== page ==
I brought my Xbox with me on the plane, because, frankly, I wasn’t prepared to go longer than a week without it. I figured I would, with the help of the spare power pack from Hubby’s old Xbox, which has a broken hard drive, be able to use it. But no, apparently Microsoft foresaw such flagrant misuse of the immigration system and made power cords so very slightly different in shape that they could not be plugged into one another. Foiled the bastards, though, by attaching my Xbox’s hard drive to Hubby’s spare rest-of-machine. Differing Voltage System: 0; Me: 1.

Exhibit 2: The Coffee Machine
My manager at Amazon, in an effort to cement in my mind that I had the all-time greatest job, rewarded my departure with the gift of a De’Longhi Icona coffee machine. By way of background: my role in the team was as a sort of ambassador for De’Longhi and Kenwood, which meant creating content for those brands. I fell wildly in love with the Icona range because they are, quite frankly, the most stylish pieces of kitchen equipment ever devised. Kitchen porn, if you will.

Knowing this, and knowing that spending nine hours a day thinking about coffee had made me an addict, my wonderful manager gave me her Icona. Best gift ever, but one with a workload attached: those things hoover up 1.1 Watts, which meant I would need an industrial voltage converter to make it work. Did that put me off? Did it fuck: straight into the pack-down it went, and a loving hug it received when it reached the other end. Because, you see, I figured I was going to need a converter the size of my backside anyway, because of…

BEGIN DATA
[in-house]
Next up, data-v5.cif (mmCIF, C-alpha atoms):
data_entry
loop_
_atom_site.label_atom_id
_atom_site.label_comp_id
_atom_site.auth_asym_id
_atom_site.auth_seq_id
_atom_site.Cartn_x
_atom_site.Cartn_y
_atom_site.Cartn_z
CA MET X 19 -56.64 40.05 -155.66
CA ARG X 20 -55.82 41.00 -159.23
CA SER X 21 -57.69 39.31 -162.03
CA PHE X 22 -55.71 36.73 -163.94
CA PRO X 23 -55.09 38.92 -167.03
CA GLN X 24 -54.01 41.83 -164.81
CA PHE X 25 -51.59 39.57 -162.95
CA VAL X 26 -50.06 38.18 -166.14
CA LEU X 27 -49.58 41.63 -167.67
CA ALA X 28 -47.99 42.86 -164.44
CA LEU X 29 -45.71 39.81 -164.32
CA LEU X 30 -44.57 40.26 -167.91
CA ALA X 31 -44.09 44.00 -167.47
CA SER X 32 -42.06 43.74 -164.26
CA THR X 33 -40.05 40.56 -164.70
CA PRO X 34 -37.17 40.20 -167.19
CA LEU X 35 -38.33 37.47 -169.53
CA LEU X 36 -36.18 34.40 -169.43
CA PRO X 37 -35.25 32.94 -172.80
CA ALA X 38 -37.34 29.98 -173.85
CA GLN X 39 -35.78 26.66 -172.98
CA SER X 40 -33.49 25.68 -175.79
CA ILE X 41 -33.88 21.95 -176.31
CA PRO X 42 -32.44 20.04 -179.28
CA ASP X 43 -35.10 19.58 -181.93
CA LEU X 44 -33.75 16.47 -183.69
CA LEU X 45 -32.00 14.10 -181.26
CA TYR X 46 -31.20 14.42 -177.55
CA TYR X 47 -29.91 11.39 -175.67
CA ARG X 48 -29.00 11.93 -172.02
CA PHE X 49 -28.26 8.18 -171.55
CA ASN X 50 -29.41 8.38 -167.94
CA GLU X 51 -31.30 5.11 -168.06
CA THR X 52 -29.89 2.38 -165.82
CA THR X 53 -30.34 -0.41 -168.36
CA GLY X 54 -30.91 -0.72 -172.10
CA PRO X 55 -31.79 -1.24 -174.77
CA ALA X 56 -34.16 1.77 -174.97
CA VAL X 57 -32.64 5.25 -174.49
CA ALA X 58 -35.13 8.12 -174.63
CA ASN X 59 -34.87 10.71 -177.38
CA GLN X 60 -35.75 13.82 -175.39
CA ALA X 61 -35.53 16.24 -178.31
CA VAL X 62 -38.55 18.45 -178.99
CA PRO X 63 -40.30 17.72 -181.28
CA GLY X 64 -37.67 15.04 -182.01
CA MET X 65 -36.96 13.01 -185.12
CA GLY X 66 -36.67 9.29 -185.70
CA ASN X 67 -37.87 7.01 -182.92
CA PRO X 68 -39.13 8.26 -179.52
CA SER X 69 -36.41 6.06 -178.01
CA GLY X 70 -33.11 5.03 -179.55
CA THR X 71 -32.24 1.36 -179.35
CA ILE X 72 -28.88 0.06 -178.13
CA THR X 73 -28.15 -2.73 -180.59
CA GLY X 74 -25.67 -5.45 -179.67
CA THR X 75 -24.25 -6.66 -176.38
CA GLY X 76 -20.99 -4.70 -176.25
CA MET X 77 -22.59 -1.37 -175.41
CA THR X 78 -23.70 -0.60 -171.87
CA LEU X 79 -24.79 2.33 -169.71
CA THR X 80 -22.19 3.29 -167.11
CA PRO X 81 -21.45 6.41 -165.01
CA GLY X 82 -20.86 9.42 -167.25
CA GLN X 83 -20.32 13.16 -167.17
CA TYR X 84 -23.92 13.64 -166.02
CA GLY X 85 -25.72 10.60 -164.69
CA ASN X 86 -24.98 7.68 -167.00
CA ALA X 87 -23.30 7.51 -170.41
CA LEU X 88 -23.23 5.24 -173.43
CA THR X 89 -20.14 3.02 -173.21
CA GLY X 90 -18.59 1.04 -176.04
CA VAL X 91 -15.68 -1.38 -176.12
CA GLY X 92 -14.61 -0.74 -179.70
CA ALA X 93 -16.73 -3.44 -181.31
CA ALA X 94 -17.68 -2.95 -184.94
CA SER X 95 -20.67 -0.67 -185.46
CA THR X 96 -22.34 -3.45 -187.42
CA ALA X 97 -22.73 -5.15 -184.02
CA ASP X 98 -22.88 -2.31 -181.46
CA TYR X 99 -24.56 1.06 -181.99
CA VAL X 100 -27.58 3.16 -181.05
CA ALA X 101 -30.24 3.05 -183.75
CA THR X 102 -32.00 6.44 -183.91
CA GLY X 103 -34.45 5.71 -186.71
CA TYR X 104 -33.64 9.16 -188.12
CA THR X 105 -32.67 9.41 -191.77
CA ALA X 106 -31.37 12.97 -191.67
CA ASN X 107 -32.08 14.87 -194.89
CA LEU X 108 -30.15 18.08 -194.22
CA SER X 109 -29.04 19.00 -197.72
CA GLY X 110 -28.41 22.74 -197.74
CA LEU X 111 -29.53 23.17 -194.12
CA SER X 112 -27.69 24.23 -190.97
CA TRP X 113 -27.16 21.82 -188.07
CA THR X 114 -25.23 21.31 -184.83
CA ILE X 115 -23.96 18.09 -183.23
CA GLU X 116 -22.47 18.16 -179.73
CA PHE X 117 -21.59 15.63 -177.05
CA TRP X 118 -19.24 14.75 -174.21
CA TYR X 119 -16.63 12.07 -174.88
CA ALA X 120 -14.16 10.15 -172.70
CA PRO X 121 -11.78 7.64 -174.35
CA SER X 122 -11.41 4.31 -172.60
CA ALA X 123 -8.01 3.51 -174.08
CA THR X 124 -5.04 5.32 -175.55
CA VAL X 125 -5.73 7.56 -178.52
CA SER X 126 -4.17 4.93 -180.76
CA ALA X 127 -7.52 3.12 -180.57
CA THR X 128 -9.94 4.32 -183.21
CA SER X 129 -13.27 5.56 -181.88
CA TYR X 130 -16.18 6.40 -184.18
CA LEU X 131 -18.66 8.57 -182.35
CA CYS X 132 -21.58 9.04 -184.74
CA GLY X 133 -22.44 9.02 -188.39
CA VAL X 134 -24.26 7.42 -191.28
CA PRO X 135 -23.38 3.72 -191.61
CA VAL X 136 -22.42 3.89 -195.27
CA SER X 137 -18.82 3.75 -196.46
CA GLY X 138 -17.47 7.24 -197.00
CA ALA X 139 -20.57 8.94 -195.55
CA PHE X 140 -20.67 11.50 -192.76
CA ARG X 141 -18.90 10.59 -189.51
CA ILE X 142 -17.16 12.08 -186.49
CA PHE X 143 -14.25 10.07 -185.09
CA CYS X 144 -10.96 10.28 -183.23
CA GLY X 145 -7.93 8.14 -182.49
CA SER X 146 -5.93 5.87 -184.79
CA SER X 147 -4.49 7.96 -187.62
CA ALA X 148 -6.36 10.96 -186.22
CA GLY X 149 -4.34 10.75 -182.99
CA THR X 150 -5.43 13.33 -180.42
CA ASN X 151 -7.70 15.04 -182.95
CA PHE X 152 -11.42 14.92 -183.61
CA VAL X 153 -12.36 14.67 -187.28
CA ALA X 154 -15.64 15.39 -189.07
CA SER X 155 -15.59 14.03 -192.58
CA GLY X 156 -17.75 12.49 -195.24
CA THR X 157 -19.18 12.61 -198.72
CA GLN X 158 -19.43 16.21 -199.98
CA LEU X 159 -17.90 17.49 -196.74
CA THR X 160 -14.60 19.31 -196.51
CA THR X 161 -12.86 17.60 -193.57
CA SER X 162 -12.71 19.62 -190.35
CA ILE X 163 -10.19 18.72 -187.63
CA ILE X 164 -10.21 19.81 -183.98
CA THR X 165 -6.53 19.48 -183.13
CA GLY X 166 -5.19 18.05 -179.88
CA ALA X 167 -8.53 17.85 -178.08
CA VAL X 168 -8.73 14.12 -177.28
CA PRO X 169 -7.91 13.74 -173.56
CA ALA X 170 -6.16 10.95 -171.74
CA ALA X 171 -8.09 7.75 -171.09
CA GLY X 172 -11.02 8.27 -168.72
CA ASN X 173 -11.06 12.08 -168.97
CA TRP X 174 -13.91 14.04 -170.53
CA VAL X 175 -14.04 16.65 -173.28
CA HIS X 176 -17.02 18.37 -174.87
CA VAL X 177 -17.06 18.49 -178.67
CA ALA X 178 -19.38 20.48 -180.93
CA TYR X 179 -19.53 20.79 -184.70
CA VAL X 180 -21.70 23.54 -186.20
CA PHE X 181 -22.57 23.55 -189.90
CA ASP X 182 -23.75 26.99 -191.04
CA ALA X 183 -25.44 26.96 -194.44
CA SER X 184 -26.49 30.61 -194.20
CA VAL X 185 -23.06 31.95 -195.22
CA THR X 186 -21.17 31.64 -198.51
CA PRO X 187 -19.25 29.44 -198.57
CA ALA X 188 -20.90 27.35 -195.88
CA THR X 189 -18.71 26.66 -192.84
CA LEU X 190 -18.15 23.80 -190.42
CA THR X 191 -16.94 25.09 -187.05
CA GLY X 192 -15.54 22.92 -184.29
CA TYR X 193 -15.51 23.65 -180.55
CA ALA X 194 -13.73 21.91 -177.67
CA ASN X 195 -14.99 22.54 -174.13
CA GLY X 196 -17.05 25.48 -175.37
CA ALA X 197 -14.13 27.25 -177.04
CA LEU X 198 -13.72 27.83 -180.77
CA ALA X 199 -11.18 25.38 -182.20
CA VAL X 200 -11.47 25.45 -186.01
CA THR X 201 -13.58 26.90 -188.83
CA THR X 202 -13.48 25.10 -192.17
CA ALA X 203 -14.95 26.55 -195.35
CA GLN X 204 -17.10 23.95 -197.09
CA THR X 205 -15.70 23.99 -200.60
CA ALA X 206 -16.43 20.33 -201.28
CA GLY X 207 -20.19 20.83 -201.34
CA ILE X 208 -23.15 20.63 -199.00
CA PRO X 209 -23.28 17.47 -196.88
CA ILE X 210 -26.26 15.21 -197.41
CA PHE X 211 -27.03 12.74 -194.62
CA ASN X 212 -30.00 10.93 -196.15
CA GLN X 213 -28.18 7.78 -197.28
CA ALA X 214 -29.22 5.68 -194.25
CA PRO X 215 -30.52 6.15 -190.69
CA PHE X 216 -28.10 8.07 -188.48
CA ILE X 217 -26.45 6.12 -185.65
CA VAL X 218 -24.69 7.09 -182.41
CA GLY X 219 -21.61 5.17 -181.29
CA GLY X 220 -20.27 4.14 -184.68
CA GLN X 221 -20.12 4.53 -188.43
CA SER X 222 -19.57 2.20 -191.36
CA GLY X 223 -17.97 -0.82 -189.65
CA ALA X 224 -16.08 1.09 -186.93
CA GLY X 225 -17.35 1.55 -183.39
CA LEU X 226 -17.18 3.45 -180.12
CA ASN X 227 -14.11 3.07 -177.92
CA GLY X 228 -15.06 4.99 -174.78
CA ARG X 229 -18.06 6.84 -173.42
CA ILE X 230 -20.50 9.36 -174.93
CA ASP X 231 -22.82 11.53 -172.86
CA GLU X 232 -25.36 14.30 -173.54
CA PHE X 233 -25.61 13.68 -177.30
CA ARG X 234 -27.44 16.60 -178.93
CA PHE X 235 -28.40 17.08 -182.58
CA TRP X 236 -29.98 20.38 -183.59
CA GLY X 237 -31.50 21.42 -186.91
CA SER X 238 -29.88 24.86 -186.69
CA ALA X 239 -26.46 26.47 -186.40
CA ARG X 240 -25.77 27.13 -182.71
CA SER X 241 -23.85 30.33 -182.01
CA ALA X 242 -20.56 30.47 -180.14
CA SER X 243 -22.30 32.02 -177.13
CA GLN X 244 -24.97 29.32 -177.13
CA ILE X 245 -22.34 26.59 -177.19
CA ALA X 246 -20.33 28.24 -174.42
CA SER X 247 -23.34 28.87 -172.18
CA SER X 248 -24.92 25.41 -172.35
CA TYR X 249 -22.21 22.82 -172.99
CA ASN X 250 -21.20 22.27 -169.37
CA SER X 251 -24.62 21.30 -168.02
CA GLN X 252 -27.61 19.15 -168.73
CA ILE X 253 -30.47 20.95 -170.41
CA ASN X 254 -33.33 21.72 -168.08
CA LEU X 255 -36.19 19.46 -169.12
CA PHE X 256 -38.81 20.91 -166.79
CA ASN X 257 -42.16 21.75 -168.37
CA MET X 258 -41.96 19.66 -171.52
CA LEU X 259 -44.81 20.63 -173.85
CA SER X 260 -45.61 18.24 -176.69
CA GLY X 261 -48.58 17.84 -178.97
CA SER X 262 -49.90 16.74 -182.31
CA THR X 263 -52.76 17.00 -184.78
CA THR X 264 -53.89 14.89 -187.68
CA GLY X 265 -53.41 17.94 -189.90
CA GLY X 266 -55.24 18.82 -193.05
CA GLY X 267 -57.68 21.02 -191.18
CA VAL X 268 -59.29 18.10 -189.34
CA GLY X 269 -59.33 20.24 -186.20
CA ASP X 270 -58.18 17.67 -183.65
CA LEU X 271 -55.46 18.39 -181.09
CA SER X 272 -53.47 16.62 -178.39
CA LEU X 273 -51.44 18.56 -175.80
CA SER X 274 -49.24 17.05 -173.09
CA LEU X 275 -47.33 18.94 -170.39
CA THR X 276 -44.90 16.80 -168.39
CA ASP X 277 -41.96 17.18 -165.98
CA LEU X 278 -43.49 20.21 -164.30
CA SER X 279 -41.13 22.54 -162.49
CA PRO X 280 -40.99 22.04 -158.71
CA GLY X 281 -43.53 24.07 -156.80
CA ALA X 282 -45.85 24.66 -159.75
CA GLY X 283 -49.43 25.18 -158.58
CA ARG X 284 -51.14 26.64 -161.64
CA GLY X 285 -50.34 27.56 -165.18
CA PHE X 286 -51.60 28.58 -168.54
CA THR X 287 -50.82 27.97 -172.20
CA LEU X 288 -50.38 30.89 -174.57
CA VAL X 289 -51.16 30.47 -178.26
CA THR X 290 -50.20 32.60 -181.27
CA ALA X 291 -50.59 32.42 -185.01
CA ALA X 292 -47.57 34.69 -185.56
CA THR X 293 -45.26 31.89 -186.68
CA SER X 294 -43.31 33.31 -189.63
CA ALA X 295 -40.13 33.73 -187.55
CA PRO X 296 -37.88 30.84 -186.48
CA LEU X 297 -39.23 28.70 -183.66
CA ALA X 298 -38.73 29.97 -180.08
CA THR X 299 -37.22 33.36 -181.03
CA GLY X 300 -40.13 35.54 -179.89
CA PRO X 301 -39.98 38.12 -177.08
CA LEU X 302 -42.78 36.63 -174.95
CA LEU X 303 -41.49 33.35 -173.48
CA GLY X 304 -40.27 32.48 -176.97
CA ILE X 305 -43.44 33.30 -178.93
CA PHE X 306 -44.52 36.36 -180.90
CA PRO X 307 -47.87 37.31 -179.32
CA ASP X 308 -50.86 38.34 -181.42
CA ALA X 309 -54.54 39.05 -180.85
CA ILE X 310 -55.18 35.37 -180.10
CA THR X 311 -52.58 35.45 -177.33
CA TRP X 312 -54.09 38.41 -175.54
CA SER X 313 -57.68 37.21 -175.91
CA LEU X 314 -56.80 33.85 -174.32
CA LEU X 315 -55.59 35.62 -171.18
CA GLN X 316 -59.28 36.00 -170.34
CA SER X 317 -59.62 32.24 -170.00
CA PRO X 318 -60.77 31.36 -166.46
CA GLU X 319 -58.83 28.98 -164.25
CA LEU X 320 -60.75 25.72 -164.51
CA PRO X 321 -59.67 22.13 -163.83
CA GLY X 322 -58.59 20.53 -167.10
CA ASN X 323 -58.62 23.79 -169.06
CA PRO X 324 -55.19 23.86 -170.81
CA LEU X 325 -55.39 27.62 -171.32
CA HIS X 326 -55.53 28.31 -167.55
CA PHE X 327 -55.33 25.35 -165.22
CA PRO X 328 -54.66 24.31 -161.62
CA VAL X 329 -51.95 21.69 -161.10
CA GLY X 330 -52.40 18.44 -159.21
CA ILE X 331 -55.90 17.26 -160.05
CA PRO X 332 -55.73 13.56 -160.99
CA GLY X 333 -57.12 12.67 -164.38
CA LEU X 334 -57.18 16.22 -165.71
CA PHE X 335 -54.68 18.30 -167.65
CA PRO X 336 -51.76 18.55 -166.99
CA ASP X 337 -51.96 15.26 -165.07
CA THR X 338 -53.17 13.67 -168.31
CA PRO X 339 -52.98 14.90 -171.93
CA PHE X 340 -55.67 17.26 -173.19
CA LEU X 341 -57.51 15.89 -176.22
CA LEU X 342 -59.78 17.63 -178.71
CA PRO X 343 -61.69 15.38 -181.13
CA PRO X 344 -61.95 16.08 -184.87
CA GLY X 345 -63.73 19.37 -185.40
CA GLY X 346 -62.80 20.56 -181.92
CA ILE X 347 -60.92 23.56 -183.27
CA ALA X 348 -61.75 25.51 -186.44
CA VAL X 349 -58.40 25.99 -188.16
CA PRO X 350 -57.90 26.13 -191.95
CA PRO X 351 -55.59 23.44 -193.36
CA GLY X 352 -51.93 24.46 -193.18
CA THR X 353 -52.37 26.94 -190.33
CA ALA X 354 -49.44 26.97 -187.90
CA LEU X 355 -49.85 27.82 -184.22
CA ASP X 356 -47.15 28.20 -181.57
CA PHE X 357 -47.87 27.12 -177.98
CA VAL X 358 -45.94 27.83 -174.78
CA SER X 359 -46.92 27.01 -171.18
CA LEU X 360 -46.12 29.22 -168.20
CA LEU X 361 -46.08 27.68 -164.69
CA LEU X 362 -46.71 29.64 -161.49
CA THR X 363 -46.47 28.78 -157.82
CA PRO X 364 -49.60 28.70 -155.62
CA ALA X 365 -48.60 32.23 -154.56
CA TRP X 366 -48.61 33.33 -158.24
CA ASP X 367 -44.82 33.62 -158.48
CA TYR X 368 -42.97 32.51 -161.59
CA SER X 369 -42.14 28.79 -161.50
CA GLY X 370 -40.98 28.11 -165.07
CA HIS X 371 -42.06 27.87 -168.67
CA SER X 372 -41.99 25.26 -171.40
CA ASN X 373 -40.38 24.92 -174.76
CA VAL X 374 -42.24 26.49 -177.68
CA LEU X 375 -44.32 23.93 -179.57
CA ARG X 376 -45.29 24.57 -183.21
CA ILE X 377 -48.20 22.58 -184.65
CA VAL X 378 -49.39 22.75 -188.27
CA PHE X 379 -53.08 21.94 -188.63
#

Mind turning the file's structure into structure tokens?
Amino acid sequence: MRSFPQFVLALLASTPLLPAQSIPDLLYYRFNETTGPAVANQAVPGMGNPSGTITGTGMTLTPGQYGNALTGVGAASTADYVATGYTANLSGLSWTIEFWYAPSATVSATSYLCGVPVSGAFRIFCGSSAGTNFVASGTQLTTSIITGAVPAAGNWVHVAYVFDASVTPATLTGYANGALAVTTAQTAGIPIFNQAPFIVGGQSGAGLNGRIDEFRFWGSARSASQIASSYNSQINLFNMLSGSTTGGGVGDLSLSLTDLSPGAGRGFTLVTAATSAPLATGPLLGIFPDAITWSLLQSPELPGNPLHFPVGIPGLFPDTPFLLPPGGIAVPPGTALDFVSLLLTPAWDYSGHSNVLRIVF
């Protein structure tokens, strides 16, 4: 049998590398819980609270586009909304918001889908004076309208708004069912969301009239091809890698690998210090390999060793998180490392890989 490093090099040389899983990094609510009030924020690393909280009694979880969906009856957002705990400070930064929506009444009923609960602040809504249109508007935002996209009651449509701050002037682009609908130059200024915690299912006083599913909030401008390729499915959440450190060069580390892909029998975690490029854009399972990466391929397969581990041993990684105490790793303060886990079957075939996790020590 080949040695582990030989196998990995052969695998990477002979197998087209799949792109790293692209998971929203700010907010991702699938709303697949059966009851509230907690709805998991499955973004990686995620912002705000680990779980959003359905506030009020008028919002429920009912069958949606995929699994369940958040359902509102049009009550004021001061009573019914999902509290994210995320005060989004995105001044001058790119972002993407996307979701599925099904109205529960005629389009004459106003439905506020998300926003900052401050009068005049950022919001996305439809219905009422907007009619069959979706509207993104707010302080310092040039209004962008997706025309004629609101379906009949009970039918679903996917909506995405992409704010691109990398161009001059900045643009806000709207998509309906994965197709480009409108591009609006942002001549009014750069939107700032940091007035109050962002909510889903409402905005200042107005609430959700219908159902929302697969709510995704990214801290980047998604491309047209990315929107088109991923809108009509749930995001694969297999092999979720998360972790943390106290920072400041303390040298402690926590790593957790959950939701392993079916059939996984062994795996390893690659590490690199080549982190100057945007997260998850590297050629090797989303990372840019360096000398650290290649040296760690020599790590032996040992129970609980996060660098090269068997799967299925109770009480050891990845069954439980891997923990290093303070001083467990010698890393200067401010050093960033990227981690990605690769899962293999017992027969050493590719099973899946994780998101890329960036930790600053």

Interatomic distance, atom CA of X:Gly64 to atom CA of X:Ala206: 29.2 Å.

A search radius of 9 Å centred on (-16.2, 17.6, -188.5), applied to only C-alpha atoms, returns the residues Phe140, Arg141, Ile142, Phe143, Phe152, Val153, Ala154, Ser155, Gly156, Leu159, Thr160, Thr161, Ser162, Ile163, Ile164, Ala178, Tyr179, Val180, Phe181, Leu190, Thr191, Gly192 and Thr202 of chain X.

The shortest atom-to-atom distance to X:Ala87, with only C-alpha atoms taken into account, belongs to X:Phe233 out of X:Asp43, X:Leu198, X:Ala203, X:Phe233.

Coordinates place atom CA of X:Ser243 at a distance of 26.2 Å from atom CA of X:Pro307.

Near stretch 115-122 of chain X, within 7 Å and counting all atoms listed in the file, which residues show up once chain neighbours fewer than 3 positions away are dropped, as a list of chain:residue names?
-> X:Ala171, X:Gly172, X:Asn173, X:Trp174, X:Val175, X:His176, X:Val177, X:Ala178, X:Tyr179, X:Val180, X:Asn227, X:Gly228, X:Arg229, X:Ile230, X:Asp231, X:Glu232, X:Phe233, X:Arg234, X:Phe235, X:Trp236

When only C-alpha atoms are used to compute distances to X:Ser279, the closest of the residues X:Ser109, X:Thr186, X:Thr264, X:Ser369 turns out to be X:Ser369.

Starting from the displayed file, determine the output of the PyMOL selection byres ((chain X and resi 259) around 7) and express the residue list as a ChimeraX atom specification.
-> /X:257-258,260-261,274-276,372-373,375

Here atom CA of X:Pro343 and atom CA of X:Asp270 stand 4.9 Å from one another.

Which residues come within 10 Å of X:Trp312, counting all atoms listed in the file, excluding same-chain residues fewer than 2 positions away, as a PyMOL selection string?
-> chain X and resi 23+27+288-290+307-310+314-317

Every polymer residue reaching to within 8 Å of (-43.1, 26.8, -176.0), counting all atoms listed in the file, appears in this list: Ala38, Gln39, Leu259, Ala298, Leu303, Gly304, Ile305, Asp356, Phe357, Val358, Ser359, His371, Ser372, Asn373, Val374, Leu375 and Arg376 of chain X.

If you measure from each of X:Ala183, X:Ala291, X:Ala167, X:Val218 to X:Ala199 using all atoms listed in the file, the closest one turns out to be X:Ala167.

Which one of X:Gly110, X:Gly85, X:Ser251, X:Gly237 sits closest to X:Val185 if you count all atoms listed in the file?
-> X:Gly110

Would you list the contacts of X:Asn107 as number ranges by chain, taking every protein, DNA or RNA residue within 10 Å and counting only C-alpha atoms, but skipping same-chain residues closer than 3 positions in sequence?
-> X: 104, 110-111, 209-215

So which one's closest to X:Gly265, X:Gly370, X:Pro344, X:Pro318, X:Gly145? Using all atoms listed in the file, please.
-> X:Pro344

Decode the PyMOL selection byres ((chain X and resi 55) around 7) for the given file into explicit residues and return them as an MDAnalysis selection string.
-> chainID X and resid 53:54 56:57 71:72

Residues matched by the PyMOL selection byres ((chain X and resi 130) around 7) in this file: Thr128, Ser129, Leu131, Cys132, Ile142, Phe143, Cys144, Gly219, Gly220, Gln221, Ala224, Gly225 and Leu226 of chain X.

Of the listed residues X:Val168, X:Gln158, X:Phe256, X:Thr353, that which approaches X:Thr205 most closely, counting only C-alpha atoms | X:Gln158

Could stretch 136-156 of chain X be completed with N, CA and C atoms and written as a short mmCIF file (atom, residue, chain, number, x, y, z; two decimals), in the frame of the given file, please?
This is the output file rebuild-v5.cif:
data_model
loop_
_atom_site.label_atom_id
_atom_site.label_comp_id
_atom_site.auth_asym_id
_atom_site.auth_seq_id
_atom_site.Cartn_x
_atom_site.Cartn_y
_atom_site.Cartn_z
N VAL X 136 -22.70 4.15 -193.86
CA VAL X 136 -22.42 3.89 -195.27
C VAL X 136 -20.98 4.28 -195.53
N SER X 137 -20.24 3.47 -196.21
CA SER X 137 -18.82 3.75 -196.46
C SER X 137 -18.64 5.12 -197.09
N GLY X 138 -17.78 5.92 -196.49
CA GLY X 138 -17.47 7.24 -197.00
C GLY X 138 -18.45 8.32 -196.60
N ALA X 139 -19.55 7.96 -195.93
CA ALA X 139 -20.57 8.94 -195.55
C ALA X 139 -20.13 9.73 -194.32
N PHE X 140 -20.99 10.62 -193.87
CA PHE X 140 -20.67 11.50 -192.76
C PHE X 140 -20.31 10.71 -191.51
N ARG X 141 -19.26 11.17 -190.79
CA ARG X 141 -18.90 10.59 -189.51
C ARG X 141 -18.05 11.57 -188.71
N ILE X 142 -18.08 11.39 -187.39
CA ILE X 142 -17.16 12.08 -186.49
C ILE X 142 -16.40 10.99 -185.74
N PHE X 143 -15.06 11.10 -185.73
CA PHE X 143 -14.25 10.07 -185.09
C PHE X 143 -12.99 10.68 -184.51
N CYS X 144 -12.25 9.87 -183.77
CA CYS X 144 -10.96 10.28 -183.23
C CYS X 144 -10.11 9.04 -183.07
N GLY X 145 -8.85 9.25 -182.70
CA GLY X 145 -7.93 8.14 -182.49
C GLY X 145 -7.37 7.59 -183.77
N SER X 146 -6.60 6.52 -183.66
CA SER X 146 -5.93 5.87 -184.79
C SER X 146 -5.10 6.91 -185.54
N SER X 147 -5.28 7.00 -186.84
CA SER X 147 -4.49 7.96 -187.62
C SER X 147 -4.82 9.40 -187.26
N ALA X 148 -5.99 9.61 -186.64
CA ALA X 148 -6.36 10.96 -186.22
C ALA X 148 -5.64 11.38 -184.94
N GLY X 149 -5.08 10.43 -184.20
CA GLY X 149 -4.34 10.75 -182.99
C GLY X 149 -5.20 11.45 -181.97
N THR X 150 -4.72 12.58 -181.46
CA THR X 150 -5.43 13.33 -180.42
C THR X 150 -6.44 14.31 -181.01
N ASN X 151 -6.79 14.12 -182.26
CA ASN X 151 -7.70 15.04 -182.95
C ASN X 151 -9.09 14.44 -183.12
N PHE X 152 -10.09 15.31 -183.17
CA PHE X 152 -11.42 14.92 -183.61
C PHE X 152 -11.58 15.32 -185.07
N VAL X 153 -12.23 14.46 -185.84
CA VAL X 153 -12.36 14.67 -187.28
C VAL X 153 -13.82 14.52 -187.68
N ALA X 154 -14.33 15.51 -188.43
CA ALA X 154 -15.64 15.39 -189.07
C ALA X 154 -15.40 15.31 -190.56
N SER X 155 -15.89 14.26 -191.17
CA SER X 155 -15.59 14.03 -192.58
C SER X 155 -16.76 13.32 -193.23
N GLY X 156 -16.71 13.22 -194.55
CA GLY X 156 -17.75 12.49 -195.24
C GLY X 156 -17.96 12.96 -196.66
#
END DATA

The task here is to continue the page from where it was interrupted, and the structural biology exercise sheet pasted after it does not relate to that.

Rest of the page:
Exhibit 3: The PC
I have an XPS, a power-hungry beast of a computer that’s been serving my needs since my birthday in 2007. I named it Spanky the Beautiful Computer, because it was speedy enough to make me do that goggle-eyed thing small children do when they watch Toy Story. It’s still my faithful companion and greatest inanimate love because, though no longer capable of standing on top of the range, it remains as trustworthy as it always was. I can say this with particular faith now it has, like the cast of The Incredible Journey, made its long and tricky way back to me across the miles.

Small Black Hole

I in no way begrudge it the huge, unwieldy, expensive device I was required to buy just to wake it up. It might look like something from the original series of Star Trek, and it might weigh enough to earn it the title “Small Black Hole”, but it makes my Spanky happy, and can be whisked off into the kitchen when the urge for a cappuccino hits. Another win for the voltage challenged.

Exhibit 4: The Wireless Adaptor
I thought it was over, but was merely a hopeful pup mistaking a copse for the end of the woods. Spanky was up and running, but refused point blank to recognise the presence of an intermaweb. When he did, he would forget he’d seen it about 10 minutes later and pretend he’d no idea what one was. So we were forced to shell out obscene numbers of dollar bills on a brand new wireless sticky-doo-dah, which promptly claimed ALL THE IP ADDRESSES and refused to allow anything else on the intermanet. We’ve sort of fixed that, but every so often Spanky makes a grab for the bandwidth and has to be put down for a nap.

Exhibit 4: The DVD Player (Plus! Xbox Part 2)
Still not over. I brought my DVD player with me, so I could partake of my movie collection despite the region code. I was punch-pleased to discover it worked without the need for the Small Black Hole, less pleased to find out that it will only play in black and white. As will my original Xbox, which I booted up, using the Small Black Hole, in the hope I could finally finish off my region-specific version of Harry Potter and the Half-Blood Prince. Apparently I am still in need of a PAL-to-NTSC converter before my electronic journey is complete.Moral of the story: It is almost certainly cheaper and/or less annoying to buy new electronic items when switching between parallel worlds.

Better moral of the story: With a little time, effort and investment, you can please your faithful electronic companions and indulge in coffee-based treats at your leisure.